How to Create an HTML Slideshow with Adobe InDesign

There are multiple ways to create a slideshow using InDesign. Let’s go through the options and how to export your content to HTML.

We’ll cover the following slideshow options:

  • Multi-State Objects with Button Navigation
  • Autoplaying Slideshow using the Animation Panel
  • Easy Slideshows using the in5 Slideshow and Image Sequence Widgets
  • Using in5’s Slideshow Builder to make life crazy easy
  • in5’s Presentation Mode

There are two main ways to create HTML from InDesign: Publish Online, which is built into InDesign; and in5, which is a paid add-on made by Ajar Productions. You can see a comparison of Publish Online and in5 in this post.

Creating an Interactive Slideshow with Object States

You can create a Multi-State Object (MSO) using InDesign’s Object States panel, found under Window > Interactive.

object states panel

When you create Object States, you’ve effectively created different visual versions of your content.

Each one of these states can act as a slide in your slideshow.

The nice thing is that you can control these states with InDesign’s button actions…the downside is that you can’t easily transition between states with animation when exporting to Publish Online (though you can do it using in5’s Slideshow Widget, see more below).

Animating Between Objects to Create Slide Transitions

You can use InDesign’s Animation and Timing panels to take a stack of photos and animation them from hidden to visible one-at-a-time, showing the top photo last. Each new photo effectively hides the one behind it as it fades in.

This option is a little messy to set up, but it can be exported to Publish Online. in5’s Image Sequence and Slideshow Widgets provide a much easier way to do this (see more below).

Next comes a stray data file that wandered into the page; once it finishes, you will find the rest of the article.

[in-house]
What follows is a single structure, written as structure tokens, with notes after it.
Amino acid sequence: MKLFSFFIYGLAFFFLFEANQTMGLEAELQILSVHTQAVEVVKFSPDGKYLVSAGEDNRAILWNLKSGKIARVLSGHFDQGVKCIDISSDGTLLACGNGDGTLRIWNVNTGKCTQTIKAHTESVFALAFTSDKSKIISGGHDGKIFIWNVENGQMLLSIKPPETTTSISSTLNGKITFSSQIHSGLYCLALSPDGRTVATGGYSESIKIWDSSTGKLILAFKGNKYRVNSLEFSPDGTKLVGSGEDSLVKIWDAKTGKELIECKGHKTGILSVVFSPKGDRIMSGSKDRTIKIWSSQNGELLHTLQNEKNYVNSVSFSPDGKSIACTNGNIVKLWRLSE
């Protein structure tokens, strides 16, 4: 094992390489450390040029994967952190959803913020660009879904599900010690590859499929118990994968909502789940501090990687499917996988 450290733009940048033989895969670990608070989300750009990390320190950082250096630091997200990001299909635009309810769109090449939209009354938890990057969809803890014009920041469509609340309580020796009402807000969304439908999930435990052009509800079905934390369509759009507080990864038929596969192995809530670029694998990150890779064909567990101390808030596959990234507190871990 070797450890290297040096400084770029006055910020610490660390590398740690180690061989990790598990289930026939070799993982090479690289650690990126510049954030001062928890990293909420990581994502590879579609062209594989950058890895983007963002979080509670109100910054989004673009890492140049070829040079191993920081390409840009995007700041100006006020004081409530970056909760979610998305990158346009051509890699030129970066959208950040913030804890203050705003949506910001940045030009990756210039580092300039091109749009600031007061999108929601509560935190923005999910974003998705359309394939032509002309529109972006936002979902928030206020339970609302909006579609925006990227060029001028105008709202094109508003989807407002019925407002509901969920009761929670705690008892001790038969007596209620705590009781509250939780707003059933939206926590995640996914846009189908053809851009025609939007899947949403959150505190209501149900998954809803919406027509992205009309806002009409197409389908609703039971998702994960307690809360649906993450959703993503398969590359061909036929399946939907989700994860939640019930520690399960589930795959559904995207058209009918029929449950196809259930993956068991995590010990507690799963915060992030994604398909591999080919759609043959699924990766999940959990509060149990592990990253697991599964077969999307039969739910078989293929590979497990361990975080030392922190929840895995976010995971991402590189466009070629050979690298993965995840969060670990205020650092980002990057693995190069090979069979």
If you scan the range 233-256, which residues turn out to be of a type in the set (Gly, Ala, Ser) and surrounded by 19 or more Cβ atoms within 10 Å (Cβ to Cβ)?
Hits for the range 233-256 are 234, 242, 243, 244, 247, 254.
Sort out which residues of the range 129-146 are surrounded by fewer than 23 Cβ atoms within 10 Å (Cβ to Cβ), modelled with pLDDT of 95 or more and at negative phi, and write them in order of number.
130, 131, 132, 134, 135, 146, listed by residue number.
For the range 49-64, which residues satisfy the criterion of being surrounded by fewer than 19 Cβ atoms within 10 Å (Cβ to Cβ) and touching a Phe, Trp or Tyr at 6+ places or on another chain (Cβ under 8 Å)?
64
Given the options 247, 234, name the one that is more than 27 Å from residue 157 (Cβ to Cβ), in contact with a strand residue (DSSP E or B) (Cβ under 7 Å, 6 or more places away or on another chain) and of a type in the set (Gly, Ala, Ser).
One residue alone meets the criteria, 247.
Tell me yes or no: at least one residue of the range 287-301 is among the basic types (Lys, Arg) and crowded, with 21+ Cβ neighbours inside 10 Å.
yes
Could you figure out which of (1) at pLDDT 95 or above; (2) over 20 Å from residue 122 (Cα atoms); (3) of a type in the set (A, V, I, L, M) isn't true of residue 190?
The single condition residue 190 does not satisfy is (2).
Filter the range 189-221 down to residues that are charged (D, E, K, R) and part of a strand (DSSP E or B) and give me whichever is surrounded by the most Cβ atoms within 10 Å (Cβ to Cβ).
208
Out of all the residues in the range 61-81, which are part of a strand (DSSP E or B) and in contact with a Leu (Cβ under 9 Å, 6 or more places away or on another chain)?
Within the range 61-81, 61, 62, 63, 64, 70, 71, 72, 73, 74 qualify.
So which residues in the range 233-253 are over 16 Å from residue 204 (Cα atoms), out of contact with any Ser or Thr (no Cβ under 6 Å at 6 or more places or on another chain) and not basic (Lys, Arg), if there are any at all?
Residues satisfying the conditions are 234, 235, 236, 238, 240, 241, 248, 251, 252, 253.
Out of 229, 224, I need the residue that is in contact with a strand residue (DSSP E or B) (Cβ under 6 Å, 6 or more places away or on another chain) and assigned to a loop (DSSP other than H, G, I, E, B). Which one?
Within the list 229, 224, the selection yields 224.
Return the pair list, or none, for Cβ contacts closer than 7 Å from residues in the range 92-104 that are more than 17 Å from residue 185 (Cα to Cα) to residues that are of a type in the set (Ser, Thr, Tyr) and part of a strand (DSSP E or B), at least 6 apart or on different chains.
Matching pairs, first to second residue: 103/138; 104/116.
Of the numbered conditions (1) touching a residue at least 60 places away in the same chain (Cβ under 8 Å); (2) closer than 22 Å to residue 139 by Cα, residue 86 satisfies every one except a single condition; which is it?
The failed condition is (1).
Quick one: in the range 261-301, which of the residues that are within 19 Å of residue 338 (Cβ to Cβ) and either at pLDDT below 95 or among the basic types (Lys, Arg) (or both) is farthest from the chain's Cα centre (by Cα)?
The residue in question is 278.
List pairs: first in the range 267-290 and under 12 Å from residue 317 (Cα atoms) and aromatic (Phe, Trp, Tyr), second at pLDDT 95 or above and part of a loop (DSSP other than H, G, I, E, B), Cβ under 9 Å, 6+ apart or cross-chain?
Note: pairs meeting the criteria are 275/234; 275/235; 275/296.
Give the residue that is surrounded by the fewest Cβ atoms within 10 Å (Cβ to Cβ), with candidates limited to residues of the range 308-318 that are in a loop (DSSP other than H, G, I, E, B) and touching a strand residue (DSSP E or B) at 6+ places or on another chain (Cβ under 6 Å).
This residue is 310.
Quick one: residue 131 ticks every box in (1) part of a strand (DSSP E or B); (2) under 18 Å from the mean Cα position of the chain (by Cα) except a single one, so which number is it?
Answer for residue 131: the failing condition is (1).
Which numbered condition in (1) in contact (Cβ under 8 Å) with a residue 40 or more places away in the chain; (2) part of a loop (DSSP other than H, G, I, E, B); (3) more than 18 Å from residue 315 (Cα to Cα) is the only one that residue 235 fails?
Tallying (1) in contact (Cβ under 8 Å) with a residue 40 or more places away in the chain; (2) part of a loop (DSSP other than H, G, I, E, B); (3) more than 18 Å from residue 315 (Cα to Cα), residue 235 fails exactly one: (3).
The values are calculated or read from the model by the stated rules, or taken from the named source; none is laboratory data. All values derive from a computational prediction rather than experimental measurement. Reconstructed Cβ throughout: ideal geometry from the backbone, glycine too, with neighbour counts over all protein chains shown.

Easy Slideshows using the in5 Slideshow and Image Sequence Widgets

The in5 Slideshow Widget (in5 > Interactive Widgets > Slideshow) can take any MSO in your document and turn it into a slideshow with animated transitions.

All you have to do is select the relevant options in the panel and export with in5.

Using this option, you can still have complex and interactive content within your Object States.

image sequence widget

If you want a simple image slideshow, using the Image Sequence Widget (in5 > Interactive Widgets > Image Sequence) is even easier.

For an image sequence, you can simply select a folder filled with images and in5 will turn it into a self-running slideshow for you.

Using in5’s Slideshow Builder to make life crazy easy

If you want to build a slideshow the fastest and easiest way possible—be it interactive or animated—and you have an in5 Pro plan or higher, you can simply run the Slideshow builder…which will create thumbnails, navigation buttons, and animated transitions for you.

See it in action in the video below.

in5’s Presentation Mode

If you want to get really sophisticated with your slides using InDesign pages, then in5 can turn your entire document into an HTML slideshow using Presentation Mode with the autoplay feature. You can learn more about in5’s Presentation Mode in this post and see an example of a self-running slideshow in this post.

More UX Design Patterns for InDesign

InDesign UX Design Patterns full guide (cover image)Do you want to learn how to create more working User Experience (UX) and User Interface (UI) elements from InDesign without coding?

Check out the complete InDesign UX Design Patterns guide (it’s free with an email sign-up).

Get the guide

Stop Struggling with Animation in PDFs: Discover the InDesign Alternatives